The Institute for Actual Innocence, founded in 2005, works to identify and exonerate wrongfully convicted individuals in the Commonwealth of Virginia. The Institute is an academic program that partners students with local attorneys and community leaders to seek post-conviction relief for wrongfully convicted prisoners in the Commonwealth of Virginia. Three days before leaving office, President Obama commuted Dujuan Farrow's life sentence after the Institute for Actual Innocence submitted his case for clemency review. Furthermore, the school is working to establish the National Center for Family Law, which will serve the best interests of families and children through academic and service programs dedicated to enhancement of the quality of the American legal system in relation to family law; the Richmond Public Interest Law Review is a law review published by the University of Richmond School of Law. The Journal known as the Richmond Journal of Law and the Public Interest, vol. 1 - vol. 19, is the scholarly voice for issues pertaining to social welfare, public policy, a broad spectrum of jurisprudence.
PILR strives to produce a variety of articles addressing contempora
Virginia the Commonwealth of Virginia, is a state in the Southeastern and Mid-Atlantic regions of the United States located between the Atlantic Coast and the Appalachian Mountains. Virginia is nicknamed the "Old Dominion" due to its status as the first English colonial possession established in mainland North America and "Mother of Presidents" because eight U. S. presidents were born there, more than any other state. The geography and climate of the Commonwealth are shaped by the Blue Ridge Mountains and the Chesapeake Bay, which provide habitat for much of its flora and fauna; the capital of the Commonwealth is Richmond. The Commonwealth's estimated population as of 2018 is over 8.5 million. The area's history begins with several indigenous groups, including the Powhatan. In 1607 the London Company established the Colony of Virginia as the first permanent New World English colony. Slave labor and the land acquired from displaced Native American tribes each played a significant role in the colony's early politics and plantation economy.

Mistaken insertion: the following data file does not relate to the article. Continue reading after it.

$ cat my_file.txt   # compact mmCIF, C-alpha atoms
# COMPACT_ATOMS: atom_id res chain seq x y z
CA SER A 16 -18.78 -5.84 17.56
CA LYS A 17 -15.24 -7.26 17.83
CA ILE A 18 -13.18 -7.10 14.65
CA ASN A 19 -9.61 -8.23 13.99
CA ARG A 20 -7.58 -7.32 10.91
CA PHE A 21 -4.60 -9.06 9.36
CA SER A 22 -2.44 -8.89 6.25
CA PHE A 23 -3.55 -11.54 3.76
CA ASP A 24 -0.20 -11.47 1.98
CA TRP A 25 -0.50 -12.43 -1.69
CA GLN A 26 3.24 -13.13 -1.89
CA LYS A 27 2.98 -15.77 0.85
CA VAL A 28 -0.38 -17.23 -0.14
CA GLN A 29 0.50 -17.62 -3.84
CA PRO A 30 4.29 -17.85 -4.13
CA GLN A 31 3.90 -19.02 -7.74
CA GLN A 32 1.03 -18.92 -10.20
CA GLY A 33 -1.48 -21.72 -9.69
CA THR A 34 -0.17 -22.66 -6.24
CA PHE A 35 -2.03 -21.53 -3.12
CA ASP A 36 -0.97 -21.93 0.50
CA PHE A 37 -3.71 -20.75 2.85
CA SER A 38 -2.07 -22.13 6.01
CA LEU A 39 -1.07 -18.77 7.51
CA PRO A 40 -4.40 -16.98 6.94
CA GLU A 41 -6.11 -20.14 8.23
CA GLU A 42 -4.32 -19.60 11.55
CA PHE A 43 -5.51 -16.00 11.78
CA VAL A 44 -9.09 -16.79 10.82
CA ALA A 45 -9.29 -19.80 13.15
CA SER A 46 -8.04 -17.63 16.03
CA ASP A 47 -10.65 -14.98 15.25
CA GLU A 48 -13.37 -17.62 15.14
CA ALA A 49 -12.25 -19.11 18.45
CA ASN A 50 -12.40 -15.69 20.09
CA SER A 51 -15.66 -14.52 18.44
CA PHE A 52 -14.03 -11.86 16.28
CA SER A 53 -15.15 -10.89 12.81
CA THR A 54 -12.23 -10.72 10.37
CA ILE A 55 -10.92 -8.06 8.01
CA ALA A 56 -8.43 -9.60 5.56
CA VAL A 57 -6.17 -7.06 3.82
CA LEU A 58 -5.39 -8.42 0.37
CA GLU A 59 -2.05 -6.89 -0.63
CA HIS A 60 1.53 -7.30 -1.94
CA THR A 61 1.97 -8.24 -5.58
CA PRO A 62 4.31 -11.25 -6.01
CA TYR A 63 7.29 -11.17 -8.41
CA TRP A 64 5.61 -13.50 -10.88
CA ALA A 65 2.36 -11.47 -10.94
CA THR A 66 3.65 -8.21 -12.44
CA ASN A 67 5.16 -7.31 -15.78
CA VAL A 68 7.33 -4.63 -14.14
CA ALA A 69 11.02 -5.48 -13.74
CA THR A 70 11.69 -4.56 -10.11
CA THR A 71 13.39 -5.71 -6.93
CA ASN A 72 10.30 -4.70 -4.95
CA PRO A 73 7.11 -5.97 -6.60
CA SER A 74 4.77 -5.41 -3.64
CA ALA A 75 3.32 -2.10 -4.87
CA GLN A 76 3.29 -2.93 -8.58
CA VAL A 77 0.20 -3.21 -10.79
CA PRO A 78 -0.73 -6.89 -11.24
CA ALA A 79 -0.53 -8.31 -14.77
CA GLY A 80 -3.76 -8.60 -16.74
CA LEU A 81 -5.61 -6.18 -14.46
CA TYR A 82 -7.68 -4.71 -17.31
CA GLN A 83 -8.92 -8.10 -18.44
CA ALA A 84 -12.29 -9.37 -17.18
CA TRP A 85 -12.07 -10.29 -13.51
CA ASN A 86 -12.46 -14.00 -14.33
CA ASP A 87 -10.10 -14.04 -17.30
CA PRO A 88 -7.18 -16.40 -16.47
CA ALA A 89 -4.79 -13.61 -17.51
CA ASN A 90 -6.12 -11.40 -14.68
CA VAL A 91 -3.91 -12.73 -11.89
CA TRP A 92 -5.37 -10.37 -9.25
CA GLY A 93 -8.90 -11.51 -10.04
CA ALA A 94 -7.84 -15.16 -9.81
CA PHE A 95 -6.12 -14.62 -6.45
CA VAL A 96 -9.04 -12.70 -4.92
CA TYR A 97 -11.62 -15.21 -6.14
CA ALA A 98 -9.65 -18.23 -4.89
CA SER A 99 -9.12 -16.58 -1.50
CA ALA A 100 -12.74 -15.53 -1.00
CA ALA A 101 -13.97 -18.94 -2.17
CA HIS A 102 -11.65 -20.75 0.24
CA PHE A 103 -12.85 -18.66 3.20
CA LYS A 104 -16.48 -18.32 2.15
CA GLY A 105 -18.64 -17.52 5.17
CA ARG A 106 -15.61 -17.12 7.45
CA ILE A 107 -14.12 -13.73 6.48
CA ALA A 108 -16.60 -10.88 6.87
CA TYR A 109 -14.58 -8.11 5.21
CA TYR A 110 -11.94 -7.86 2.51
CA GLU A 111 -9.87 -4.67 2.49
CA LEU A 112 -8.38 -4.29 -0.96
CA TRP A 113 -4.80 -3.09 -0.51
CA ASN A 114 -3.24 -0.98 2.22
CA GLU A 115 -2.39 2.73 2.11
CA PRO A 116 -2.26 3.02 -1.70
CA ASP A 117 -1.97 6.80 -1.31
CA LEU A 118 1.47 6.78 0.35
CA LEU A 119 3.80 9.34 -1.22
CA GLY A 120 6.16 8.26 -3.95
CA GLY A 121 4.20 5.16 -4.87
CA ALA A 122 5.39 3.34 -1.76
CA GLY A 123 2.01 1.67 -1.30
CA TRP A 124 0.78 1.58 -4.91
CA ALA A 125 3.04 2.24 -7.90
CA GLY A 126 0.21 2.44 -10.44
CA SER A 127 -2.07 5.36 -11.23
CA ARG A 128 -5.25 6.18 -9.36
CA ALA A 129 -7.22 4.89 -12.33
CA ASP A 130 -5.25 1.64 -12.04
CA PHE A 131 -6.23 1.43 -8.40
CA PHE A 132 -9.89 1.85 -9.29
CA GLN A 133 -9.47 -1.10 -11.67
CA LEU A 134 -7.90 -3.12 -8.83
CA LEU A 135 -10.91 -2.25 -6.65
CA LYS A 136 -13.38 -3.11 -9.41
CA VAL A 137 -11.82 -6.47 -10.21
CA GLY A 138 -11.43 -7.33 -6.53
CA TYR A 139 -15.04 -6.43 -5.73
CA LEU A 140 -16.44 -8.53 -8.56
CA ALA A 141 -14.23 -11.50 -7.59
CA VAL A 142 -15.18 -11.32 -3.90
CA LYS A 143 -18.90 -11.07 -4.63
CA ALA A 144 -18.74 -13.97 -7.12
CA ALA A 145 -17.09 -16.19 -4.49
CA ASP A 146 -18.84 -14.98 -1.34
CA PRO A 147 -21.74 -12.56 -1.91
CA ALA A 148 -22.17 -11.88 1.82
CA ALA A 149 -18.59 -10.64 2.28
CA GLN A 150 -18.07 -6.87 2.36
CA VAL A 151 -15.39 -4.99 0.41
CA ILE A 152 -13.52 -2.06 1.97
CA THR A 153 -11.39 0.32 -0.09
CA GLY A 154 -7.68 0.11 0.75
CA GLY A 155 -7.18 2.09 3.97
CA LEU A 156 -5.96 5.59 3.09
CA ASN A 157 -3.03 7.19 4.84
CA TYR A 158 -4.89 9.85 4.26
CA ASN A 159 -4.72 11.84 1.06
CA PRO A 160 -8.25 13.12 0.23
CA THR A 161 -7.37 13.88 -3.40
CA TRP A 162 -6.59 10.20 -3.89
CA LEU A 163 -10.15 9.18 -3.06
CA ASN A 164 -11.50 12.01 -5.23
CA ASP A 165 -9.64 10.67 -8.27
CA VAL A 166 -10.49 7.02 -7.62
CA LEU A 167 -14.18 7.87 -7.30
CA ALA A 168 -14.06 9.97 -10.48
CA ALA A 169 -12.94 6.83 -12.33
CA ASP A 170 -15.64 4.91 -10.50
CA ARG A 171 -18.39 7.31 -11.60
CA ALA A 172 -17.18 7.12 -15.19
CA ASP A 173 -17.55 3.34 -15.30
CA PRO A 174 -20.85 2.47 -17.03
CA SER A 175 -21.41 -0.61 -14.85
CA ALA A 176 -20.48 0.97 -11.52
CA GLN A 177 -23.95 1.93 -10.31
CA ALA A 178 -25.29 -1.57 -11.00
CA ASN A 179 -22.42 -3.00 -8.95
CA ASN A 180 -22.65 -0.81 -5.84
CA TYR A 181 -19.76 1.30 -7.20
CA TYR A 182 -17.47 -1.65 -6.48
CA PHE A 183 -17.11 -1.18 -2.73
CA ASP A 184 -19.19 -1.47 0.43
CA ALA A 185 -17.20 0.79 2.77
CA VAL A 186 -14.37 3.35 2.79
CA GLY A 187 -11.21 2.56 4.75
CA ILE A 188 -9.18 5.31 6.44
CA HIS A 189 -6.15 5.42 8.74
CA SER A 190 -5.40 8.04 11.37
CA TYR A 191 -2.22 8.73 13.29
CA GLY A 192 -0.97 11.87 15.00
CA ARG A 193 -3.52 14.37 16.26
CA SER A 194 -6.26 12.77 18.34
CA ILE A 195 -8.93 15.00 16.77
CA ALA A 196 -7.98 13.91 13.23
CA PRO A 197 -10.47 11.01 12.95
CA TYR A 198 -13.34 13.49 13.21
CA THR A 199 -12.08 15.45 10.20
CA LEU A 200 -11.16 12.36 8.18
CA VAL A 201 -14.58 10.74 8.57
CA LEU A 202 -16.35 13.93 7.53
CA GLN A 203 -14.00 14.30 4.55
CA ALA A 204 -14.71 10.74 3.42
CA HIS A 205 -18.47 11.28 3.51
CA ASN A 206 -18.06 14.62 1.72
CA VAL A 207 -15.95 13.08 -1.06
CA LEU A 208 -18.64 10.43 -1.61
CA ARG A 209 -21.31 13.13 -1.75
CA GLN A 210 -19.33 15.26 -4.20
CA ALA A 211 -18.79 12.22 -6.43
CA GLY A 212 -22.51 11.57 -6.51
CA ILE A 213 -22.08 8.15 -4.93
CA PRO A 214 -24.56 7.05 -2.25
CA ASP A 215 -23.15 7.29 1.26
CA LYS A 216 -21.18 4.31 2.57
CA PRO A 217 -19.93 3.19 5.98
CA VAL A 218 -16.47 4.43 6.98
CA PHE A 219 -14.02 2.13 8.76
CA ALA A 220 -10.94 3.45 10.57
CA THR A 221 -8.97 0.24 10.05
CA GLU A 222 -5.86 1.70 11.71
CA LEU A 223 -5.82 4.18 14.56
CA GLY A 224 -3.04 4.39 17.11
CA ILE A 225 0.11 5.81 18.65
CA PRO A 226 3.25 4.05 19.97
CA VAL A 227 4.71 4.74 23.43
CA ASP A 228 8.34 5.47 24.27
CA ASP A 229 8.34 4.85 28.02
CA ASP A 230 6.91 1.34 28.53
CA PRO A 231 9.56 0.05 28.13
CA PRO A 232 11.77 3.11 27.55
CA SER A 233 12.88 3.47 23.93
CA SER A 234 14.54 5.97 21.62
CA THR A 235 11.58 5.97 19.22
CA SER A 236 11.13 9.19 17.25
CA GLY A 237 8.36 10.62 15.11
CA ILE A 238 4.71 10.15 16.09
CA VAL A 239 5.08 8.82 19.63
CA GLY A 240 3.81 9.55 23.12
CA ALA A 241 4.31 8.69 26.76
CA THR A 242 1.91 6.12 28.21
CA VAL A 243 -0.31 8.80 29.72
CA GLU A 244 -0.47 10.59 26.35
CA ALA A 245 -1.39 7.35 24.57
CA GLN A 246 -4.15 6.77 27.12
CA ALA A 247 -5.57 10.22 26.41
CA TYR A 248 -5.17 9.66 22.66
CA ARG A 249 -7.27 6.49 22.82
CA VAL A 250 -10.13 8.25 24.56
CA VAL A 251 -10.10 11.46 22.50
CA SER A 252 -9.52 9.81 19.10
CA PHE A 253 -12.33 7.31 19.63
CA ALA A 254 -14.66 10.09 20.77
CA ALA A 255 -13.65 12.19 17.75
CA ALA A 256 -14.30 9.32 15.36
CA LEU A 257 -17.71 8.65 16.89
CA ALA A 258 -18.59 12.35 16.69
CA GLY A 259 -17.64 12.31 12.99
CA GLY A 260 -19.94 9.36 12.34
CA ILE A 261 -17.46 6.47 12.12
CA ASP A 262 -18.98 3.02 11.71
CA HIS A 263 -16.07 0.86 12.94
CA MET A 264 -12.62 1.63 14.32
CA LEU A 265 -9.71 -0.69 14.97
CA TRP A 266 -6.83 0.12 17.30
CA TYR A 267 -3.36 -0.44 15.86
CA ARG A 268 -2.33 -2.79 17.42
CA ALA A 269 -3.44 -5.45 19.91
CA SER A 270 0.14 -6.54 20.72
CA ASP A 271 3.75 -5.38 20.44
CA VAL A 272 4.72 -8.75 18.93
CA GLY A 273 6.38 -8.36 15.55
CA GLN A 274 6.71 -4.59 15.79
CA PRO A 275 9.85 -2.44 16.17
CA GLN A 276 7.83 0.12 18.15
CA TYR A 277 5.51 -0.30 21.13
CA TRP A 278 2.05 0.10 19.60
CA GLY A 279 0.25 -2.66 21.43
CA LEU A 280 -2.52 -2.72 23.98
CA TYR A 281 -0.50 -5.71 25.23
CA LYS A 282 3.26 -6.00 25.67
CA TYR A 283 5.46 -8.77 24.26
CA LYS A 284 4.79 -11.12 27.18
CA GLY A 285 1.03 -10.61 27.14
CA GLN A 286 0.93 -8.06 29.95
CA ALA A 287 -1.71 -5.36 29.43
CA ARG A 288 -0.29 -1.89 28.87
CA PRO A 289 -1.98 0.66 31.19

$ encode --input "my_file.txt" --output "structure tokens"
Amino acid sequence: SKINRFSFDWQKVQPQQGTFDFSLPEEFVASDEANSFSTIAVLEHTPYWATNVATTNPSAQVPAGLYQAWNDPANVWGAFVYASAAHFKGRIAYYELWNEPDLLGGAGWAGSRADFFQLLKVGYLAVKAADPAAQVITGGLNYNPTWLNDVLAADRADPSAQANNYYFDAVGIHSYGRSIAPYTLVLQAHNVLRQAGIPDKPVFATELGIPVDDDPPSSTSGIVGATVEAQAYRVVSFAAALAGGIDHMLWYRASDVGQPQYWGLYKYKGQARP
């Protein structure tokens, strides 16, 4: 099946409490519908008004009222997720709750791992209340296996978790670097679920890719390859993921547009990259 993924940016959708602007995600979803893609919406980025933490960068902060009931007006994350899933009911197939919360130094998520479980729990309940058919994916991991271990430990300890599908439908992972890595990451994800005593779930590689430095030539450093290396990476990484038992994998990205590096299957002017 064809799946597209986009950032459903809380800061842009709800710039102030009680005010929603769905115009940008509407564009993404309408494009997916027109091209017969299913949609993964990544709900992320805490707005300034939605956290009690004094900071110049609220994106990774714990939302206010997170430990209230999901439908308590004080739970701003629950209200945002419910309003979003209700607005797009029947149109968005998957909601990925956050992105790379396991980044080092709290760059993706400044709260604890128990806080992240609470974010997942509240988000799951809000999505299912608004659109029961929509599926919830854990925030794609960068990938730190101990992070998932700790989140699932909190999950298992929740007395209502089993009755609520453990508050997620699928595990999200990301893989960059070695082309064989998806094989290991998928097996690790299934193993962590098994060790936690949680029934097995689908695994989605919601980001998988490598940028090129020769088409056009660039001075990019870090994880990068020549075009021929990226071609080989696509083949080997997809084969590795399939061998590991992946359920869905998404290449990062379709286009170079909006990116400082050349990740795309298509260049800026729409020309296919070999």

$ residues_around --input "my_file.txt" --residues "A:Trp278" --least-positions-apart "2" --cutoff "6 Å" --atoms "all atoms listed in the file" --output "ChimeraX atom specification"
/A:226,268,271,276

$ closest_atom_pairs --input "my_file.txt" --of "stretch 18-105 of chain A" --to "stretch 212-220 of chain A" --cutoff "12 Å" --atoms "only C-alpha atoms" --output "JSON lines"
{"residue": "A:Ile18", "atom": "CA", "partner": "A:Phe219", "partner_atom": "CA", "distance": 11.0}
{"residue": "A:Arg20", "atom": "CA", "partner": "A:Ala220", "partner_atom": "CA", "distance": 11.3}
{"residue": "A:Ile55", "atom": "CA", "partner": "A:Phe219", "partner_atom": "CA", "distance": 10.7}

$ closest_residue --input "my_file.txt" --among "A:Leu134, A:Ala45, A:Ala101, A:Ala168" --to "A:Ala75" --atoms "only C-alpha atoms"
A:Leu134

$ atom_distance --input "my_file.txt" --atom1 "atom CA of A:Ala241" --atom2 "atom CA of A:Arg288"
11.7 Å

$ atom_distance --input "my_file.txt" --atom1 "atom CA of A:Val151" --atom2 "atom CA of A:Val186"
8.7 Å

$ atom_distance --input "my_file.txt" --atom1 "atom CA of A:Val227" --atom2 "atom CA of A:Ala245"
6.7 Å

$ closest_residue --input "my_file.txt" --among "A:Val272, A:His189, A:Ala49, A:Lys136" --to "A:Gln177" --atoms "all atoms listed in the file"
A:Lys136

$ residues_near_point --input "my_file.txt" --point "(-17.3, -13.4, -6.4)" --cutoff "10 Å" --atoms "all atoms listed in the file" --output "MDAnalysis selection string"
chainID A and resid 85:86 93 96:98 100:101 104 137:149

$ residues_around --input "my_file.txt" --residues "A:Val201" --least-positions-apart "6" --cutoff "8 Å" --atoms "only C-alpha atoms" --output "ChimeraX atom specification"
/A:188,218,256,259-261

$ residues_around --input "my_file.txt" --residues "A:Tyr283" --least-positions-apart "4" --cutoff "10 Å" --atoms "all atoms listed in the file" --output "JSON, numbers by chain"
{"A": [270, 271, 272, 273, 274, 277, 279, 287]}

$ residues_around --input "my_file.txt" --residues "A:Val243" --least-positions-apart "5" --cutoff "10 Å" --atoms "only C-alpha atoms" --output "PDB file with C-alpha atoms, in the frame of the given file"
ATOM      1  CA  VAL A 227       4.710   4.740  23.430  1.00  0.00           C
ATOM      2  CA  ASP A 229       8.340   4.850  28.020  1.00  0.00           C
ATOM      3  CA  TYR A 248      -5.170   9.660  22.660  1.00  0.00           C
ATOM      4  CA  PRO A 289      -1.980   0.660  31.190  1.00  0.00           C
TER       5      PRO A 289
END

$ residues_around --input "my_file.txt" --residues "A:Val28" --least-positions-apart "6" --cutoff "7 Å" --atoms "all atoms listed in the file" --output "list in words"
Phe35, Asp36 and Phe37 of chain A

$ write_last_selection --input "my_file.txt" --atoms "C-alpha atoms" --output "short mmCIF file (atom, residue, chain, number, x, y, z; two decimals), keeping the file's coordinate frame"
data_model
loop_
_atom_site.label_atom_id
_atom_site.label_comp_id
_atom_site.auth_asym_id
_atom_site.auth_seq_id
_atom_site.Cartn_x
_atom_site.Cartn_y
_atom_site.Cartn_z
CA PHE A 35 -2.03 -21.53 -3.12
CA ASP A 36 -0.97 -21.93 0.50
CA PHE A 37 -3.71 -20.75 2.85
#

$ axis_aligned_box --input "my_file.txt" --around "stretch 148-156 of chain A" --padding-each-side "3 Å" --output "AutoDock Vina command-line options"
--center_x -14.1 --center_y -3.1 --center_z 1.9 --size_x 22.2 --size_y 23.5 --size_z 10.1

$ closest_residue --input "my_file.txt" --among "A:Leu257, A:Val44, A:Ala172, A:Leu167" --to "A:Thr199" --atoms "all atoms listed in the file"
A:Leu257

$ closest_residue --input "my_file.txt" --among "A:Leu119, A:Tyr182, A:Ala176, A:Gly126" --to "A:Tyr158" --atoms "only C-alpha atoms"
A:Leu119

Virginia was one of the 13 Colonies in the American Revolution. In the American Civil War, Virginia's Secession Convention resolved to join the Confederacy, Virginia's First Wheeling Convention resolved to remain in the Union. Although the Commonwealth was under one-party rule for nearly a century following Reconstruction, both major national parties are competitive in modern Virginia; the Virginia General Assembly is the oldest continuous law-making body in the New World. The state government was ranked most effective by the Pew Center on the States in both 2005 and 2008, it is unique in how it treats cities and counties manages local roads, prohibits its governors from serving consecutive terms. Virginia's economy has many sectors: agriculture in the Shenandoah Valley. S. Department of Defense and Central Intelligence Agency. Virginia has a total area of 42,774.2 square miles, including 3,180.13 square miles of water, making it the 35th-largest state by area. Virginia is bordered by Maryland and Washington, D.